By Bob Uphues
Every year on July 4, small American flags appear along the sidewalks of the Hollywood section of Brookfield as if by magic — one in front of every house, more than 600 in all. Many people pluck the flags from the parkway and bring them along to the village's Fourth of July parade, waving them along the route as the parade passes by.
Of course, the flags don't get there magically. They've been planted in the ground throughout Hollywood for the past five years, courtesy of Agnes Halmon and her family, who live in south Hollywood.
A real estate broker with Coldwell Banker in LaGrange, Halmon said she had seen other real estate agents plant flags in front of their listings on the Fourth and had heard of Realtor Joe Niego, who for years has planted thousands of little flags (with his business card attached, as Halmon does) in neighborhoods on Chicago's Southwest Side.
Niego has caught some flak for the practice, which some people see as an improper use of the flag to advertise. Southtown Star columnist Phil Kadner wrote about the practice back in 2008.
But Halmon says the gesture stems from her personal connection to the U.S. military through two of her brothers and three nephews who are presently serving in the armed forces.
She started placing the flags in south Hollywood in 2009, the year her older brother, Air Force Lt. Col. Joseph Thill, and her younger brother, Navy Petty Officer 1st Class Nicholas Thill, were deployed overseas simultaneously.
"We didn't know where they were or what was going on," Halmon said.
Her brothers are still in the service. They've been joined by three nephews, who are in the Marines, Navy and Air Force.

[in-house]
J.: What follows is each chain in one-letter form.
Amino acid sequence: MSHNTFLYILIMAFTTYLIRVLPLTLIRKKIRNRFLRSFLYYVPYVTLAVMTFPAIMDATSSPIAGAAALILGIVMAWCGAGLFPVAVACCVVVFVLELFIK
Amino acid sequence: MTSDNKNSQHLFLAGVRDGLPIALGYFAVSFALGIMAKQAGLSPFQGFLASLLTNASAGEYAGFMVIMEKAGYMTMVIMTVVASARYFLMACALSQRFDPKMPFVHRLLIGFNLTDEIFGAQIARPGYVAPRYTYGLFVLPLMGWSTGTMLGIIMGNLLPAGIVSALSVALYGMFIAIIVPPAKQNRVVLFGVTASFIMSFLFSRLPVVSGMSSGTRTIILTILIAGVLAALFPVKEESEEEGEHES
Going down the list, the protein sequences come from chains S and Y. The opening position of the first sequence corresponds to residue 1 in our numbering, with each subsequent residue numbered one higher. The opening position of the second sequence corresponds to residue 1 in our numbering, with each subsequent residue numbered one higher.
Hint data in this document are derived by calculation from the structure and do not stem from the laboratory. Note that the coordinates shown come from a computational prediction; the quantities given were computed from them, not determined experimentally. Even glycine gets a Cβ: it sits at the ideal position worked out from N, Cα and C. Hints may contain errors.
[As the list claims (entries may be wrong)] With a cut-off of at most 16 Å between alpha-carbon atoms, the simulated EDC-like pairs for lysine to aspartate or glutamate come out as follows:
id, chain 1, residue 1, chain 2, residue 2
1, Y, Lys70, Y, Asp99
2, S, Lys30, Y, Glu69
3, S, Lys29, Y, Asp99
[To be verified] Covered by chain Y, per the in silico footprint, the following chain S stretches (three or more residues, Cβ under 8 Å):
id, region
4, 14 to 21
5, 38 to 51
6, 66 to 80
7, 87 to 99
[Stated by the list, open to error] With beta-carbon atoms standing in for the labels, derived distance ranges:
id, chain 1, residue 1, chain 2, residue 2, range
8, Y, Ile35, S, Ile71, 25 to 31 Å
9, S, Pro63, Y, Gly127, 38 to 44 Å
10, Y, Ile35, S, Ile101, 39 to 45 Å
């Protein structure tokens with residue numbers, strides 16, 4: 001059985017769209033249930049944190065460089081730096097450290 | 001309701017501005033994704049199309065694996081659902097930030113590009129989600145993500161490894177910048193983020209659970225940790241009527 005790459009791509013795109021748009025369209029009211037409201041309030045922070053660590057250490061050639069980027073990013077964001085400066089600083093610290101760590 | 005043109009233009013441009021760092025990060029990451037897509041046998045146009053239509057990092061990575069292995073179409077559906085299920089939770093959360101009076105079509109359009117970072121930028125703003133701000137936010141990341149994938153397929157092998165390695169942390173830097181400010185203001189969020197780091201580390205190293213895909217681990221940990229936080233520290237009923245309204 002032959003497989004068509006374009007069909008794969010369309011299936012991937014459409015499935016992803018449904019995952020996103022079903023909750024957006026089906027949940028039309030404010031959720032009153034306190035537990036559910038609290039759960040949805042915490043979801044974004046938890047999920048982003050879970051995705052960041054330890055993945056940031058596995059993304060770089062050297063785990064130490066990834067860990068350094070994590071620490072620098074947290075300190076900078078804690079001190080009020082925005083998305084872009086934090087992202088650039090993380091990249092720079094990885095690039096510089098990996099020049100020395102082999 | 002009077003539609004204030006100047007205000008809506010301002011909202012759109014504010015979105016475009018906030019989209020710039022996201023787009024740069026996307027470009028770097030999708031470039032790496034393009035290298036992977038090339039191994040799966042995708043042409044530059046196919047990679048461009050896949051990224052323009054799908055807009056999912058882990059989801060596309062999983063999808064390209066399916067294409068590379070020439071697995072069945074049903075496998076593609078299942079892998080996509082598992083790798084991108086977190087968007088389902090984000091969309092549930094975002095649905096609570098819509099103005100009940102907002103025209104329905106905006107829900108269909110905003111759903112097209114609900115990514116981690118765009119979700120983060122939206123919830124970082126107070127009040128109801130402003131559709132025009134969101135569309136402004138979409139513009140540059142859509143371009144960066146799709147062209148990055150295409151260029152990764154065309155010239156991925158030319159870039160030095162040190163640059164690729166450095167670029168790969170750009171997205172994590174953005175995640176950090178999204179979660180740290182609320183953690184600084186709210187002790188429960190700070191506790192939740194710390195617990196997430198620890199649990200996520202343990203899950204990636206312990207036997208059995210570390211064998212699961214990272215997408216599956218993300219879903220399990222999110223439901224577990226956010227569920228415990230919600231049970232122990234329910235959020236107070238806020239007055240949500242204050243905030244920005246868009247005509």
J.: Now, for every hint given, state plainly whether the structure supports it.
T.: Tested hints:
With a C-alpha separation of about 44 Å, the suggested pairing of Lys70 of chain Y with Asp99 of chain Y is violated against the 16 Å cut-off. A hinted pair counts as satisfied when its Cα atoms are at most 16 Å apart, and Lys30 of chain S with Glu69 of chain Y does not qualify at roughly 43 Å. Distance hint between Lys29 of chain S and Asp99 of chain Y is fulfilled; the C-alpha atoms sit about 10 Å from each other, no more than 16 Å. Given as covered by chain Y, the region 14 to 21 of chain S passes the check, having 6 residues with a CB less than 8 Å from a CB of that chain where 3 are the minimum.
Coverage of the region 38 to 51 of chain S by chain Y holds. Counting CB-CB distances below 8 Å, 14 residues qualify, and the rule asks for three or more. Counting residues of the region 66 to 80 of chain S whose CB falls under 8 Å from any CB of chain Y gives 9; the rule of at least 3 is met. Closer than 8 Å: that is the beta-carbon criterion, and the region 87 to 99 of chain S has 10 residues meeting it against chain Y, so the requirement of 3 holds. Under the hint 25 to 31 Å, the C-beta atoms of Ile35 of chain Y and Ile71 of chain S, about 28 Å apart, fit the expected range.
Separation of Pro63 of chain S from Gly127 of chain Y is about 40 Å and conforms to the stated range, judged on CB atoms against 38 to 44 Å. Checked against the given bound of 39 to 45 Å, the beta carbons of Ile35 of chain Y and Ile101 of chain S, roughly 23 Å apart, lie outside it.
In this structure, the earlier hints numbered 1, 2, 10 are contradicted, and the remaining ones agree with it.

That first year, Halmon, her husband Michael, and their three children carpeted south Hollywood in the flags. The following year they doubled the number and included the north part of Hollywood. But 500 flags weren't enough. This year, the family planted 630.
According to Halmon, they set out after dark and finish up about 4-5 hours later, well after midnight. When the morning sun rises, the flags are there to greet the holiday.
"This is a tradition for us now," Halmon said. "It's exciting for the kids; it's like staying up for Christmas."
She gets recognized now around town and at the July 4 picnic in the park as the "flag lady." Others with family members in the service have also reached out to her and shared their stories.
"I started getting streams of people sharing their stories with me," Halmon said.
One woman called her to talk anxiously about her son, who was overseas. The following year, she called back, elated, to let Halmon know her son had returned. When Halmon called a year later to see how she was doing, the woman burst into tears.
"He wasn't the same person he was when he left," the woman told Halmon.
The reaction to the flags — people will call her if she's missed any locations — is what keeps the tradition going, she said.
"The reason I continue is because the response I received was amazing," Halmon said.
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